The Story Behind this Blog

Being from the South, Silver is a very big part of my life. It doesn't have anything to do with wealth. Although those with more money - old money, tend to have more of it. New money tend not to spend their money on Silver. They do not have the appreciation for the warmth of the metal, the beauty of the patina, the story it tells of the generations past who have used it. A true southern girl comes of age when she chooses her silver pattern, long before she chooses her mate. If she is smart, she chooses that of her mother, grandmother, or favorite great aunt who in their benevolence will pass their silver on to her. It is the pieces in those sets, the pieces on our tables, along with the pieces we find in the corners of the displays in antique stores that prompted me to start this blog. They are beautiful, they are odd, but what are they, and what in the hell do you do with them?

Friday, July 30, 2010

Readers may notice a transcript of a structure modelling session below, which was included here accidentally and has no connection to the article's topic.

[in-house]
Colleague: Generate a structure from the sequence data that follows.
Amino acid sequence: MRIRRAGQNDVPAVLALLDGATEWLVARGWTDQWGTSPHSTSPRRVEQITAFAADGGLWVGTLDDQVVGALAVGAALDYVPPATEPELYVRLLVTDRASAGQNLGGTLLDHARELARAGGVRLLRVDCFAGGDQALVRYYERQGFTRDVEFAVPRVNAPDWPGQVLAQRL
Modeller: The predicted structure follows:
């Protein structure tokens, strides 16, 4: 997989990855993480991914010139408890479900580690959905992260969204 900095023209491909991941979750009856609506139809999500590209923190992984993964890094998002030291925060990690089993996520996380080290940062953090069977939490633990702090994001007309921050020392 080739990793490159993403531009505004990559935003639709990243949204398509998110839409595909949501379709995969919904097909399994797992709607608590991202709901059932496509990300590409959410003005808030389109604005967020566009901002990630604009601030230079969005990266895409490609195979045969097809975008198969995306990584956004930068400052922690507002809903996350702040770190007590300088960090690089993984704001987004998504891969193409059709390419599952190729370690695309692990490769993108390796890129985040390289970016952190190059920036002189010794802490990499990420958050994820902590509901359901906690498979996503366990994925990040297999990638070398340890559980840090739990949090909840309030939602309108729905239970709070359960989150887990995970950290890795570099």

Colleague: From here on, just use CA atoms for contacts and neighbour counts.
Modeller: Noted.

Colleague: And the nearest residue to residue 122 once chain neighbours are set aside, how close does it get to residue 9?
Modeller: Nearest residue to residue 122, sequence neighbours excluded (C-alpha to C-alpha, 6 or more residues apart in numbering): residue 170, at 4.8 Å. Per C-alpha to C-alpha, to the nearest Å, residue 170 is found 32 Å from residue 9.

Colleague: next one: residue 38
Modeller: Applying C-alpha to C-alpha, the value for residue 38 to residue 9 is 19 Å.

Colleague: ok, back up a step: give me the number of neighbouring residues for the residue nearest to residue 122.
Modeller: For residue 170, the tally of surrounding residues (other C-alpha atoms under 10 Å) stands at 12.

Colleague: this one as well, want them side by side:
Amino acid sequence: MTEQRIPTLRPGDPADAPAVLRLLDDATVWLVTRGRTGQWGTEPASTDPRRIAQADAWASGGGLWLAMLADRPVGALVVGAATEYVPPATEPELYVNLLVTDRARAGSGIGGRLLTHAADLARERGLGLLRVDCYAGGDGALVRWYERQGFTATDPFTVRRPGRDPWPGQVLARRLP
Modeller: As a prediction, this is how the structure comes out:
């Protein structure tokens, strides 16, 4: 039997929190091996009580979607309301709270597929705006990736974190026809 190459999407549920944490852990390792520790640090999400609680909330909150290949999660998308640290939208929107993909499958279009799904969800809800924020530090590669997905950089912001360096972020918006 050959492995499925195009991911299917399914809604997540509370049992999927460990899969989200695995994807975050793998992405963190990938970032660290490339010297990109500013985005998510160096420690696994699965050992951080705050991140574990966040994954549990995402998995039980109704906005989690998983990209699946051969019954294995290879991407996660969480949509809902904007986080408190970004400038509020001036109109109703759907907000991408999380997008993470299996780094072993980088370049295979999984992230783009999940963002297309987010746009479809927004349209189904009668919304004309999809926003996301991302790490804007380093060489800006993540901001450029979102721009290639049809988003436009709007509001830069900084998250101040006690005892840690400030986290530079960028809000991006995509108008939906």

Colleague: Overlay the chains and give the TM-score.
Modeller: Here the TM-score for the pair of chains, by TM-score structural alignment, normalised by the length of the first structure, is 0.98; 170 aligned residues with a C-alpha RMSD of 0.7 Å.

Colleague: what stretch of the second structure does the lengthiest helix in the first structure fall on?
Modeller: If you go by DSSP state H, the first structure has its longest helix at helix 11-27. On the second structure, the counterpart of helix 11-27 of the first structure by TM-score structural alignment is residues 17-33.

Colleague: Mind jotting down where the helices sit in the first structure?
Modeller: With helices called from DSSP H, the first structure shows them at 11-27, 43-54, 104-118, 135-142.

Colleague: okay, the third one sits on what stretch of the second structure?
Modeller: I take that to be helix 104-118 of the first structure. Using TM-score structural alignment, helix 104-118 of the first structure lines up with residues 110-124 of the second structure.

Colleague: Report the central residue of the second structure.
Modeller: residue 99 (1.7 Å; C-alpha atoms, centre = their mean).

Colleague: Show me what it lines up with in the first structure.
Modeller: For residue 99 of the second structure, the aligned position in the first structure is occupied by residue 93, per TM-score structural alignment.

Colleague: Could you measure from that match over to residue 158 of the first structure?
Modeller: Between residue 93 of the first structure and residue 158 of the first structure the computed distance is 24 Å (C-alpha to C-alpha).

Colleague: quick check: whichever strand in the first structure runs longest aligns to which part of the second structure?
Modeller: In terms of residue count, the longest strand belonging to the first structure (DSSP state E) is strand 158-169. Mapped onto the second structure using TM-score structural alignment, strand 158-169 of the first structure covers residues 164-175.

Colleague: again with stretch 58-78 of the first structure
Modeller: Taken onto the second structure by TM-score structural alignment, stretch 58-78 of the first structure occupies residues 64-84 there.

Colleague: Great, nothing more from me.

Croquette Servers

This is a rare but practical piece - a Croquette Server. In the Northeastern United States, Croquettes were used as a way to serve leftover ham. But in the South, typical Croquettes were Salmon Croquettes. I could find very few examples of this utensil, and the ones I found were from extremely old patterns. These three patterns all date back to the 1800's. Later on, one would see the term "Croquette server" lumped under the description of the Tomato Server or the Asparagus Server (non-hooded). No longer was it a unique utensil. It's duty merely assigned elsewhere.

Shown in Medallion by Gorham (8 3/4 inches)

Shown in New Queens by Durgin (6 5/8 inches)
Small Pierced Solid Croquette Server

Shown in Ivy by Gorham (9 3/8 inches)
Large Solid Croquette Server

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